Screwed blues, screwed journalism

Last year, Philadelphia City Paper folded after 34 years in print. I read it religiously while I attended the University of Pennsylvania. I was excited when I got a chance to write for the weekly — almost as much as I was when I got my first Philadelphia Inquirer byline four months earlier.

And, I was devastated when I read that it was going out of print.

My disappointment stemmed partly from nostalgia and partly from concerns about the future of local news reporting. As local news reporting organizations are disappearing, so too are their roles informing people and holding public officials accountable for their actions. As a historian, I also was concerned about what the closures meant for online newspaper archives and for what’s popularly known as history’s first draft. Continue reading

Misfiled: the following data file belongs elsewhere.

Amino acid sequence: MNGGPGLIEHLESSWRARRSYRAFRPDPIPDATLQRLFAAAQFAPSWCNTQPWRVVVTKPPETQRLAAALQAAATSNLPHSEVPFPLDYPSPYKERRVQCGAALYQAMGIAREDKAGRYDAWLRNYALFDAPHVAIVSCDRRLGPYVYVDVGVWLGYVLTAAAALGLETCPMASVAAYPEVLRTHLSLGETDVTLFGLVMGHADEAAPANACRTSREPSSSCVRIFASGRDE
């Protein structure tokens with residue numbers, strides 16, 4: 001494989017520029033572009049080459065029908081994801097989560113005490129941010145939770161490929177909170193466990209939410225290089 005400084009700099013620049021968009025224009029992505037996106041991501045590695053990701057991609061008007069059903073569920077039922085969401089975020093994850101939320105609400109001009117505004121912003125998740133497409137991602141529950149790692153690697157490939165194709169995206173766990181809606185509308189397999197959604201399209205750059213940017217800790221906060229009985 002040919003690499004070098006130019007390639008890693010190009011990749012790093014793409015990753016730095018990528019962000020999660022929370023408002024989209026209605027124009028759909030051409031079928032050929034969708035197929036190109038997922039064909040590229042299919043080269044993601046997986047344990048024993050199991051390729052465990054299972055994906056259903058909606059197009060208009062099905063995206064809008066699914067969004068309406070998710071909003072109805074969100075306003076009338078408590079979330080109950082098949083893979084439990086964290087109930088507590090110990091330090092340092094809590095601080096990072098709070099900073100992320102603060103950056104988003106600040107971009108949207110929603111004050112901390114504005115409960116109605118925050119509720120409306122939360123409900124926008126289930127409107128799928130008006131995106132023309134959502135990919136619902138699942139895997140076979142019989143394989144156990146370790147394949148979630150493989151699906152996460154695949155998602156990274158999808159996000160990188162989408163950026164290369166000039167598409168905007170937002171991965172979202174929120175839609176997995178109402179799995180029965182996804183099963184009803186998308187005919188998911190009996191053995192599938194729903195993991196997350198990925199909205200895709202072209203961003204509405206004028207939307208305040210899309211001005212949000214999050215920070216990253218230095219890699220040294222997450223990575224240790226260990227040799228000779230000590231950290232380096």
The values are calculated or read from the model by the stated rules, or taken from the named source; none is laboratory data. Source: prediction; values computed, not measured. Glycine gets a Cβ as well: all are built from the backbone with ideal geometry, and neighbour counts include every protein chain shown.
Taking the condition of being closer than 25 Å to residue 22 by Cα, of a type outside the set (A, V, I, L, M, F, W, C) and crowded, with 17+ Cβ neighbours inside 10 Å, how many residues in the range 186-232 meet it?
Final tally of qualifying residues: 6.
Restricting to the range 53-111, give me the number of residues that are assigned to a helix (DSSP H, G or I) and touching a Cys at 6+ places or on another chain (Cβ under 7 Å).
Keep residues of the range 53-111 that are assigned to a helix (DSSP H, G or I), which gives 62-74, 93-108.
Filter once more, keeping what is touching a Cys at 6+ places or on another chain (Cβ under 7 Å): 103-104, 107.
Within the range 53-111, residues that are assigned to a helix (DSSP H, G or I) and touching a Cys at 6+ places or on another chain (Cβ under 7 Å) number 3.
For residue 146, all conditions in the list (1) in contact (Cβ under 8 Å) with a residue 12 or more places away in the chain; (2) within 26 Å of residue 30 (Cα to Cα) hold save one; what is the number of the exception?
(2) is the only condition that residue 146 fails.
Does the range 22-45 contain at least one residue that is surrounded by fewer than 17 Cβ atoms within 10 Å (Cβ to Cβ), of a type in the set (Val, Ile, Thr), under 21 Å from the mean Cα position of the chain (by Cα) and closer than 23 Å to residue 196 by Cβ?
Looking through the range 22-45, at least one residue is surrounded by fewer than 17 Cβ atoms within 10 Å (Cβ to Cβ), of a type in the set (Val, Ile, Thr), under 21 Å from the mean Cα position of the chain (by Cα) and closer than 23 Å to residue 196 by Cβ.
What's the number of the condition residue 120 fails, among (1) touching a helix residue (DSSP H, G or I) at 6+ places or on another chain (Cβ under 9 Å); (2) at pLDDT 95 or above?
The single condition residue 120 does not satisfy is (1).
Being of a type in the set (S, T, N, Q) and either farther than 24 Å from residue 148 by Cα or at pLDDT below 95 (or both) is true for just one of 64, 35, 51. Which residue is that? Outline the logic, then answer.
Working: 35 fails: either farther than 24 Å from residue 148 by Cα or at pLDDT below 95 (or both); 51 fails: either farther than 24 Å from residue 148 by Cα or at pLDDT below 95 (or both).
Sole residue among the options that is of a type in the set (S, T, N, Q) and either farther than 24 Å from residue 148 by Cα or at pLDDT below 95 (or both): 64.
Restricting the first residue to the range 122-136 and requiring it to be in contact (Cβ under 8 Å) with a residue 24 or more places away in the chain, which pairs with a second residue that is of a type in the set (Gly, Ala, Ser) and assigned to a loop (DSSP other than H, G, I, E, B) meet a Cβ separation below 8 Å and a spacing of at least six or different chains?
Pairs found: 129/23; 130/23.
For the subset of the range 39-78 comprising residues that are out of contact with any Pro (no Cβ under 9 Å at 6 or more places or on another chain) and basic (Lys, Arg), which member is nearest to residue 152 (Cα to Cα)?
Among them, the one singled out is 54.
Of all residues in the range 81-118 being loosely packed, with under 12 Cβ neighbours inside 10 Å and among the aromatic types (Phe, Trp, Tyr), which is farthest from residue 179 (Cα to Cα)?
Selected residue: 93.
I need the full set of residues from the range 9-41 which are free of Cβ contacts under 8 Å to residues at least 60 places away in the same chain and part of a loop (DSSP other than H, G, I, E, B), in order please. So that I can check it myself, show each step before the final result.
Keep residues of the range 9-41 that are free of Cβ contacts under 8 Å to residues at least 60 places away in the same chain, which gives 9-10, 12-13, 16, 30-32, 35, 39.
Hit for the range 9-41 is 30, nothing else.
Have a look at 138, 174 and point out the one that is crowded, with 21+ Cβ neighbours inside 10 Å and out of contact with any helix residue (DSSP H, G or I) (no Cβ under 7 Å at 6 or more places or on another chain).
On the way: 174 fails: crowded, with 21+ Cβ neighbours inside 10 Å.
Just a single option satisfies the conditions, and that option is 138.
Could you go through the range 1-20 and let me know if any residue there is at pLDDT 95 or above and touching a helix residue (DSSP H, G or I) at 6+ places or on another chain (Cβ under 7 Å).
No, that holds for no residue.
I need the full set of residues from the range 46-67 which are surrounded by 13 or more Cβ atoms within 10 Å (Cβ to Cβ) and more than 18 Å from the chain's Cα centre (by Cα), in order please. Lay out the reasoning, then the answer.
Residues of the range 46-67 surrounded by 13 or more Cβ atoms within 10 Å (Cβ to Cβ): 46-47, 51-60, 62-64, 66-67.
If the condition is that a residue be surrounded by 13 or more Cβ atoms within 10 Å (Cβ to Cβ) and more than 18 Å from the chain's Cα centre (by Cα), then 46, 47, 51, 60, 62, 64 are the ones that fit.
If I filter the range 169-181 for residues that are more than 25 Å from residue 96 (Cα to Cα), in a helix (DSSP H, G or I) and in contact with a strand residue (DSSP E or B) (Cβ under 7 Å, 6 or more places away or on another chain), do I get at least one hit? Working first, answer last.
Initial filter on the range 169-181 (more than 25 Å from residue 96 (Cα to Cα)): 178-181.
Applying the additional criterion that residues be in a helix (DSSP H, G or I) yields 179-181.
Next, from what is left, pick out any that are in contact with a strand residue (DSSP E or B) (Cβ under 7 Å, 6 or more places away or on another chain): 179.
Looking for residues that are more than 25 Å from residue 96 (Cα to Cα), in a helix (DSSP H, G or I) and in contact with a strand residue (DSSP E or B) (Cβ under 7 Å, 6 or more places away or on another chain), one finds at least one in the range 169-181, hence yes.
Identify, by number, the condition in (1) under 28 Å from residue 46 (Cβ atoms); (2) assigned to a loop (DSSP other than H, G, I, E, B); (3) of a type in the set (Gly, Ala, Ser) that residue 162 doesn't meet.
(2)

Modernism in the ‘hood: The Four Corners Safeway story

Unless you’re a big fan of mid-century modern architecture, the Four Corners Safeway store in Silver Spring, Maryland, probably doesn’t seem like anything special. It’s just the neighborhood supermarket. But if you’re a 20th century architecture aficionado, the neighborhood Safeway store is a true gem.

Located about 1/2-mile north of the National Capital Beltway, the Four Corners Safeway is one of a dwindling number of distinctive supermarket buildings that the chain built in the Washington area after World War II. Architectural historians have dubbed the distinctive curved roofline and vaulted interior space “Marina Style” after the chain’s 1959 prototype store built in San Francisco’s Marina neighborhood.